Operation Crusader was an offensive of the British Commonwealth in late 1941 against the German-Italian forces in Libya, which resulted in relieving the siege of Tobruk.
Since his arrival in North Africa in early 1941, the German General Erwin Rommel had led a successful offensive against the British with his German expeditionary force - Afrika Korps, regaining through daring maneuvers the eastern region of Libya - Cyrenaica - lost previously by the Italians. Only the port of Tobruk had remained isolated behind the Axis lines, tenaciously defended by the Australians, then replaced by the British, Poles and Czechoslovaks.
By Stephen Kirrage (Own work) [CC BY-SA 3.0 (http://creativecommons.org/licenses/by-sa/3.0/deed.en)], via Wikimedia Commons
In June 1941, the British Army launched the failed Operation Battleaxe, aiming the relief of Tobruk and chasing the Axis forces from eastern Libya.
In autumn, a new offensive, named Operation Crusader, was in preparation. The British Eighth Army relied, in addition to the British forces, on divisions from India, New Zealand, and South Africa. Unlike the German and Italian forces, it was better supplied and had come to numerical superiority in key aspects such as tanks and aircraft.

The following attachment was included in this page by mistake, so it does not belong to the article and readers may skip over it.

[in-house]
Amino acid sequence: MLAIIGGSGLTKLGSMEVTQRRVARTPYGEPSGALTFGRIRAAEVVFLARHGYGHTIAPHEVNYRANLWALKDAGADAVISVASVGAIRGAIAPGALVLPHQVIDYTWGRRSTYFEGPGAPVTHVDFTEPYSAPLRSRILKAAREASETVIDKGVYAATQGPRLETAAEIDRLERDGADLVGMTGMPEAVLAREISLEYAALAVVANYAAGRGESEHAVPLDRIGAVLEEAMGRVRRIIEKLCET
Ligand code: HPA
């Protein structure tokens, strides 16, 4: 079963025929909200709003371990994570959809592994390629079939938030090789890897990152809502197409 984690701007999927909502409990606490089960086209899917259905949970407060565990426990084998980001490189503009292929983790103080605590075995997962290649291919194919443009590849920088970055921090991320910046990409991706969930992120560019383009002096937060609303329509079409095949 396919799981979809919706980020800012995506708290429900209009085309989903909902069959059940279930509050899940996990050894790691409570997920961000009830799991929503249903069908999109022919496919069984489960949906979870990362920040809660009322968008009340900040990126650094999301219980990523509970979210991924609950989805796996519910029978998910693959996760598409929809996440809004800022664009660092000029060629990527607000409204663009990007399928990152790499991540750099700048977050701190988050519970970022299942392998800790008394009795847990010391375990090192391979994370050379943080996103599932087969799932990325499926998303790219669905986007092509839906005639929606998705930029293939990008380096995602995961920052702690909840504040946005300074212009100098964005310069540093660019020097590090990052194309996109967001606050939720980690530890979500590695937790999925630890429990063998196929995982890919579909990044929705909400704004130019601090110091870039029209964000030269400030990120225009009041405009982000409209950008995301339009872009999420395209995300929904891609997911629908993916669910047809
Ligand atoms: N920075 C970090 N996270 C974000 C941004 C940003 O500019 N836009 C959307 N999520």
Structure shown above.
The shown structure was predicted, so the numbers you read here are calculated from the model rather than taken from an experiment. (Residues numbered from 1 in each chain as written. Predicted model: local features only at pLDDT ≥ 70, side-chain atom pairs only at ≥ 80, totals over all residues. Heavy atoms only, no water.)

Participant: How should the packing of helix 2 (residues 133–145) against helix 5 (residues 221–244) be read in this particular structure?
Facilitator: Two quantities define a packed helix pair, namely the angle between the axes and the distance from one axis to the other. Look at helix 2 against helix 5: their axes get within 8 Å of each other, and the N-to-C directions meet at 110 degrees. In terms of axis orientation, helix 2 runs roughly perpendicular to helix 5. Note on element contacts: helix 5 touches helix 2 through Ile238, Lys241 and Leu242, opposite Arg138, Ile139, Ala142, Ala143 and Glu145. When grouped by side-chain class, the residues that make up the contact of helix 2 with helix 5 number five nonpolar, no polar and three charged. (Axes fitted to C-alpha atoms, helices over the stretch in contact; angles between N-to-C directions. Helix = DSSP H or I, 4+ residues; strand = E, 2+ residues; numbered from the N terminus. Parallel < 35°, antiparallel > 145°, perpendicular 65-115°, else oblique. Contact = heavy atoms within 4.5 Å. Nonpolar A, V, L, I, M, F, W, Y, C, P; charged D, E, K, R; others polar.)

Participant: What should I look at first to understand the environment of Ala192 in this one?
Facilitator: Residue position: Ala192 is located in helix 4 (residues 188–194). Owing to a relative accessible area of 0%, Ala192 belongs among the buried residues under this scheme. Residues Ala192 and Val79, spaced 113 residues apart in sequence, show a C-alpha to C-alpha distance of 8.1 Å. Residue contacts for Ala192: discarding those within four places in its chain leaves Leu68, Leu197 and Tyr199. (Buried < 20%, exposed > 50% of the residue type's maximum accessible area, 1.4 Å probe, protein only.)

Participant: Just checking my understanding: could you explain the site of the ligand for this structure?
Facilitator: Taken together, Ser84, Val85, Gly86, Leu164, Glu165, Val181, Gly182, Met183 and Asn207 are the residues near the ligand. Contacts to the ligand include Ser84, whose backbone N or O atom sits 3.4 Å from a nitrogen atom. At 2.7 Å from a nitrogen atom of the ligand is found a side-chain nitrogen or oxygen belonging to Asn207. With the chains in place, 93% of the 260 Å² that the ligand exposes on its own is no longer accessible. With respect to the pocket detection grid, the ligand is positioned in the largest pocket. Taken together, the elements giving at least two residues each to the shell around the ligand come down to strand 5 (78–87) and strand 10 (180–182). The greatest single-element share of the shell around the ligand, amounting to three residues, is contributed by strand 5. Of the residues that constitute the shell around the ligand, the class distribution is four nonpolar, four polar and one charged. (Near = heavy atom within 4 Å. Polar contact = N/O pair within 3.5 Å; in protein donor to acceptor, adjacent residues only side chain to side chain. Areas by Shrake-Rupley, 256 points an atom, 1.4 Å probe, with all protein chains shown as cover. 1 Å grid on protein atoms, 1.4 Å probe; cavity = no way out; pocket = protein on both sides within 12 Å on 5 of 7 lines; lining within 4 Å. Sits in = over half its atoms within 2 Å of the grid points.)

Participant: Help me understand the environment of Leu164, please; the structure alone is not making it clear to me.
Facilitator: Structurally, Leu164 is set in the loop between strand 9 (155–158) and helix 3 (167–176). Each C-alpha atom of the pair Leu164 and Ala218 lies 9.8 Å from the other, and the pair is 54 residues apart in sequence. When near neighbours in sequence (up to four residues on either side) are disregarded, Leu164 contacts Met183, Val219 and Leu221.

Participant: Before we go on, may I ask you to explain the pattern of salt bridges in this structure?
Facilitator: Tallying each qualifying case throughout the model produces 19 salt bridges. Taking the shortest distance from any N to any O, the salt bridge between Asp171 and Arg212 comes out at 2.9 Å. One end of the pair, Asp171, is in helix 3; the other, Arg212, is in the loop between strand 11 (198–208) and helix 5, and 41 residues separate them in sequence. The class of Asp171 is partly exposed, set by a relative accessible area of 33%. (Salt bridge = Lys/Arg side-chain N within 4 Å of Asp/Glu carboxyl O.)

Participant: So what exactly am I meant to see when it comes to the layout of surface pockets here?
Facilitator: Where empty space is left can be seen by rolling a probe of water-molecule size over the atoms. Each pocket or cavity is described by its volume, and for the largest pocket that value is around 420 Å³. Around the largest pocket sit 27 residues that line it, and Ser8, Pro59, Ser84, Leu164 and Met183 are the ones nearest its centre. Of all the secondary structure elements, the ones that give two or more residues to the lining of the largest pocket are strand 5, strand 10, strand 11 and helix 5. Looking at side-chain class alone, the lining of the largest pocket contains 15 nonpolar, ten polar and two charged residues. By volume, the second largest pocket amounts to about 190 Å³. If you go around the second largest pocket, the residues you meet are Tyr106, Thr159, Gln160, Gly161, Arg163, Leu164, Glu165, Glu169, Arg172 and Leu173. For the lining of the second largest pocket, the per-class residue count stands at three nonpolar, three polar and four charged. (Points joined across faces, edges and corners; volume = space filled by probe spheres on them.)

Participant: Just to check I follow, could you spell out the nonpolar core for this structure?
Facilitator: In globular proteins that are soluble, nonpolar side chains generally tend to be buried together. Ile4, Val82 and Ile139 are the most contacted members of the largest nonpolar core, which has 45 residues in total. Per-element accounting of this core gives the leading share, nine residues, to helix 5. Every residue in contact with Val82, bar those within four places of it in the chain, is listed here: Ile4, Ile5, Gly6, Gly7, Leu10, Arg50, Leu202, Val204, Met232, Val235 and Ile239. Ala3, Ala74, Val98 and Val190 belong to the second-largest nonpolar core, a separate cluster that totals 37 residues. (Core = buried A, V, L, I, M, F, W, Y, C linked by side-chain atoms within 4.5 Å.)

According to the British plan, XIII Corps was to engage the Axis forces from the border with Egypt, while XXX Corps, which had most tanks, would attack in depth on the southern flank, to make contact with the beleaguered forces from Tobruk.
On November 18, 1941, the Commonwealth forces commenced the attack, the British armor from XXX Corps encountering soon opposition from the German Afrika Korps and Italian Armored Division Ariete. The superior tactics used by Rommel counterbalanced the higher number of British tanks, the Axis units repelling the attack of the British 7th Armoured Division, which was the spearhead of XXX Corps.
Bundesarchiv, Bild 183-1982-0927-502 / Moosmüller / [CC BY-SA 3.0 (http://creativecommons.org/licenses/by-sa/3.0/de/deed.en)], via Wikimedia Commons
Encouraged by the favorable outcome, Rommel sent Afrika Korps with the few remaining operational tanks to counterattack towards the border with Egypt. The Eighth Army's artillery, well positioned at Sidi Omar, stopped the panzers, reducing the German offensive capability at a dangerously low level.
Meanwhile, the fightings continued near Tobruk, and the Axis forces were in a dangerous situation due to the losses, poor supply and the vulnerability of the communications line. Under these circumstances, Rommel decided to withdraw his forces to the Gazala line, west of Tobruk.
Tobruk was finally relieved. The Eighth Army attacked the Gazala line a few days later, which prompted Rommel to withdraw his forces once again, this time up to El Agheila, where the much shorter communications line facilitated the supply and recovery of his weakened army. The first victory of the British Commonwealth against Erwin Rommel's Afrika Korps had been just accomplished, but "the Desert Fox" was preparing his reply.